Some people have the luxury of trusting their own kind – mostly, white males. I’ve observed their behavior, these people who can trust their own, and it seems that they trust their own because they seem themselves in them. Why don’t you try to see yourself in people different from you? Is it because they are “less human” because they are not your clones? How much like you does the person have to be for you to trust them? Also, how much faith do you put in similarity anyway? Similarity is no guarantee of safety.
I saw a rerun of “America’s Got Talent.” On the show, a deaf woman sang her own original song, with her own original, beautiful voice, and with her own way of feeling out the notes and vibrations; she had her shoes off to feel them through the floor. I thought that bit was amazing. It got me thinking: I know what we do when we have a perceived disability: We adapt. We adapt to get through the world not made for us.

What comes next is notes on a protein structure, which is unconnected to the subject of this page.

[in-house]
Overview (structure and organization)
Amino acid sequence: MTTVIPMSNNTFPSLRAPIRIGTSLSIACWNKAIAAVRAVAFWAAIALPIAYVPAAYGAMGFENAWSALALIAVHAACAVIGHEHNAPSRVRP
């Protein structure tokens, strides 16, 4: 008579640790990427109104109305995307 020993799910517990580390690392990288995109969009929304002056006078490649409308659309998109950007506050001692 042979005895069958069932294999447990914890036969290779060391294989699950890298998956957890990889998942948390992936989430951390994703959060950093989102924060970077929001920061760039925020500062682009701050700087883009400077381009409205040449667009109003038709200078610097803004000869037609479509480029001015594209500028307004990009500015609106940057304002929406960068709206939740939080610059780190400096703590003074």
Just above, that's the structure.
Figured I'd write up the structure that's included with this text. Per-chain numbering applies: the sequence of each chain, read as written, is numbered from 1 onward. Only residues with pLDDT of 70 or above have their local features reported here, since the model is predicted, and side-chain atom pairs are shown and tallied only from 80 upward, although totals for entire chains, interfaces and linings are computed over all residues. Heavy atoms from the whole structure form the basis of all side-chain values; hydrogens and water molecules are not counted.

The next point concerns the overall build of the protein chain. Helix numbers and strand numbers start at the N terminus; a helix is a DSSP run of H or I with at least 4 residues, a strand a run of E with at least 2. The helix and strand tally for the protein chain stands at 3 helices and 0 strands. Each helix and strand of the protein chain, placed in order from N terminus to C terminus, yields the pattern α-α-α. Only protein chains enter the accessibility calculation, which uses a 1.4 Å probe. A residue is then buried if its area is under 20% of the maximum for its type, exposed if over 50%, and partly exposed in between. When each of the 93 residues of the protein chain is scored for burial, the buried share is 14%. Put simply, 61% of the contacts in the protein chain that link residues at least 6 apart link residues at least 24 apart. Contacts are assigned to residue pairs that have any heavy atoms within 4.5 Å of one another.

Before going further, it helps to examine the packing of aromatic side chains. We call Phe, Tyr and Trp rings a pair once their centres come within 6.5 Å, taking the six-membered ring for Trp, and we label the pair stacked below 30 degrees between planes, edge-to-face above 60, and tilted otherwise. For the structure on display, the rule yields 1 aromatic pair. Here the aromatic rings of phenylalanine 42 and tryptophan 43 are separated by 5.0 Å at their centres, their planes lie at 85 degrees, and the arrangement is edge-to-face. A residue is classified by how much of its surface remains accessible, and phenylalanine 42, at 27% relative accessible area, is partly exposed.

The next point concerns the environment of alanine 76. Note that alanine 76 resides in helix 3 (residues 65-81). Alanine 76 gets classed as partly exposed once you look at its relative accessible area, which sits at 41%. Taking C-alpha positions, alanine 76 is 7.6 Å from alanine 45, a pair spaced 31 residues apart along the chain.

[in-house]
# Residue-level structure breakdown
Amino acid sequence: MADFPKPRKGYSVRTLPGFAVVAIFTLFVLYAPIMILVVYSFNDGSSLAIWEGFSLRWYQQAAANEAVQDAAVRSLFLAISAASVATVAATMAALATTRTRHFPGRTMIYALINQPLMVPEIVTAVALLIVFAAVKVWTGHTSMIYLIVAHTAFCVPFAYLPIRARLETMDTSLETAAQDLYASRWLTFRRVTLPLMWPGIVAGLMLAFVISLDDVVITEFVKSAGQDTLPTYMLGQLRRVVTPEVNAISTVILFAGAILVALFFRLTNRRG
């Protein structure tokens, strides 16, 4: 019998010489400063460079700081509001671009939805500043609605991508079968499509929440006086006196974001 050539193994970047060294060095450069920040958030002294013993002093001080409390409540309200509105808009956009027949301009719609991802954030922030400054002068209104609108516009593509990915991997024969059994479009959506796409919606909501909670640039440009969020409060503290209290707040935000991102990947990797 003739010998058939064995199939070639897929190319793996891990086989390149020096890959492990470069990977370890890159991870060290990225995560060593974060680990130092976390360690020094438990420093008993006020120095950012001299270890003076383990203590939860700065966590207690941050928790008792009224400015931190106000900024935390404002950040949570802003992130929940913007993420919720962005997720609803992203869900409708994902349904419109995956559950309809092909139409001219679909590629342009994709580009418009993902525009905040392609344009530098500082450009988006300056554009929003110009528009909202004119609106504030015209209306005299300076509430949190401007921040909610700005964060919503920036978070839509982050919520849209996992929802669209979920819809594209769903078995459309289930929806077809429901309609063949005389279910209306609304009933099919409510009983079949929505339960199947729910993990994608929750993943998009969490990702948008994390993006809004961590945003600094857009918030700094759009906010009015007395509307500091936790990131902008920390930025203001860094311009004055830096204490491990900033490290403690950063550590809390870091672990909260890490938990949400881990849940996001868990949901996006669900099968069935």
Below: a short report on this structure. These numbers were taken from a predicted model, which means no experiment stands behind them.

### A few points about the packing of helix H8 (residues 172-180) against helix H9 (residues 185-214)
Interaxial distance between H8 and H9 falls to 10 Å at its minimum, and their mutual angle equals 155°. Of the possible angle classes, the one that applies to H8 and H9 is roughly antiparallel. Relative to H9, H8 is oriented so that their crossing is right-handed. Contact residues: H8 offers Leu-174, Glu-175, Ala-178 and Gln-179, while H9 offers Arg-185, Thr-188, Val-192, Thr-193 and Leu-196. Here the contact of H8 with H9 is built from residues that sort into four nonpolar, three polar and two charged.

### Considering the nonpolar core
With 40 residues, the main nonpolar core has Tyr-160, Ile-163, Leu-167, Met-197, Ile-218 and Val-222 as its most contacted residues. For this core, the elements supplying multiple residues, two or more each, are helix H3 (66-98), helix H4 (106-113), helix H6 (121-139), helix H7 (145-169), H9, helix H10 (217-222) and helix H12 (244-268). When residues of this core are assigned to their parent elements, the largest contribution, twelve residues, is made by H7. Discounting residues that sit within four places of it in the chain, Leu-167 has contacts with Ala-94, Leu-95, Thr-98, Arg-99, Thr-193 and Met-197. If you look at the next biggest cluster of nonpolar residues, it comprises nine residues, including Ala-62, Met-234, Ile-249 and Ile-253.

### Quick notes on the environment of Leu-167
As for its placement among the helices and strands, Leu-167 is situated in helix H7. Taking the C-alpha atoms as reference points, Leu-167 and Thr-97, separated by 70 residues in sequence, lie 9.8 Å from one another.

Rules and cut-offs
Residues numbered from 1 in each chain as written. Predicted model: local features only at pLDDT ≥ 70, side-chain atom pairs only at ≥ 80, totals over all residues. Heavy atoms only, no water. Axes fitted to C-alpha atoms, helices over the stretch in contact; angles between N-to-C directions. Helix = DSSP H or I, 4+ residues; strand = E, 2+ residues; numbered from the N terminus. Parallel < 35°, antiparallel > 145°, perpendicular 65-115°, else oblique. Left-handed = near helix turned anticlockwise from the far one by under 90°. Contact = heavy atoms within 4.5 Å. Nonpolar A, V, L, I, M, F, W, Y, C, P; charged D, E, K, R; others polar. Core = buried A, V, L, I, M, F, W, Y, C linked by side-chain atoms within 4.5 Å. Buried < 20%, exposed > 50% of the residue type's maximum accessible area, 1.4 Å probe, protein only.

For some of us, the learning process is easy, especially when the person is supported and accepted as they are, without shame or blame. Unfortunately, the vast majority of us have a hard, trouble-ridden process of adapting. I used to speak stiffly and with echolalia well into adulthood, especially since I was not taught how to mimic good speech properly, in the right environment. I know that through childhood and early adulthood, I have been bullied, made fun of, tricked into compromising pranks, and even mocked by adults supposedly watching out for my best interests. However, I later found these adults who looked out for me in a group “program” setting. It was there that I finally felt like I was in the “inner circle” I longed to be in. I finally, in my thirties, found the way to speak with a natural flow and rhythm.That group therapy has been discarded through budget cuts now, but it was the first time I actually felt like I fit in somewhere. It was a new feeling to me; I did not know what to with it at first. The point of the story is, in the best environment, where I am supported and encouraged, I learned an essential skill.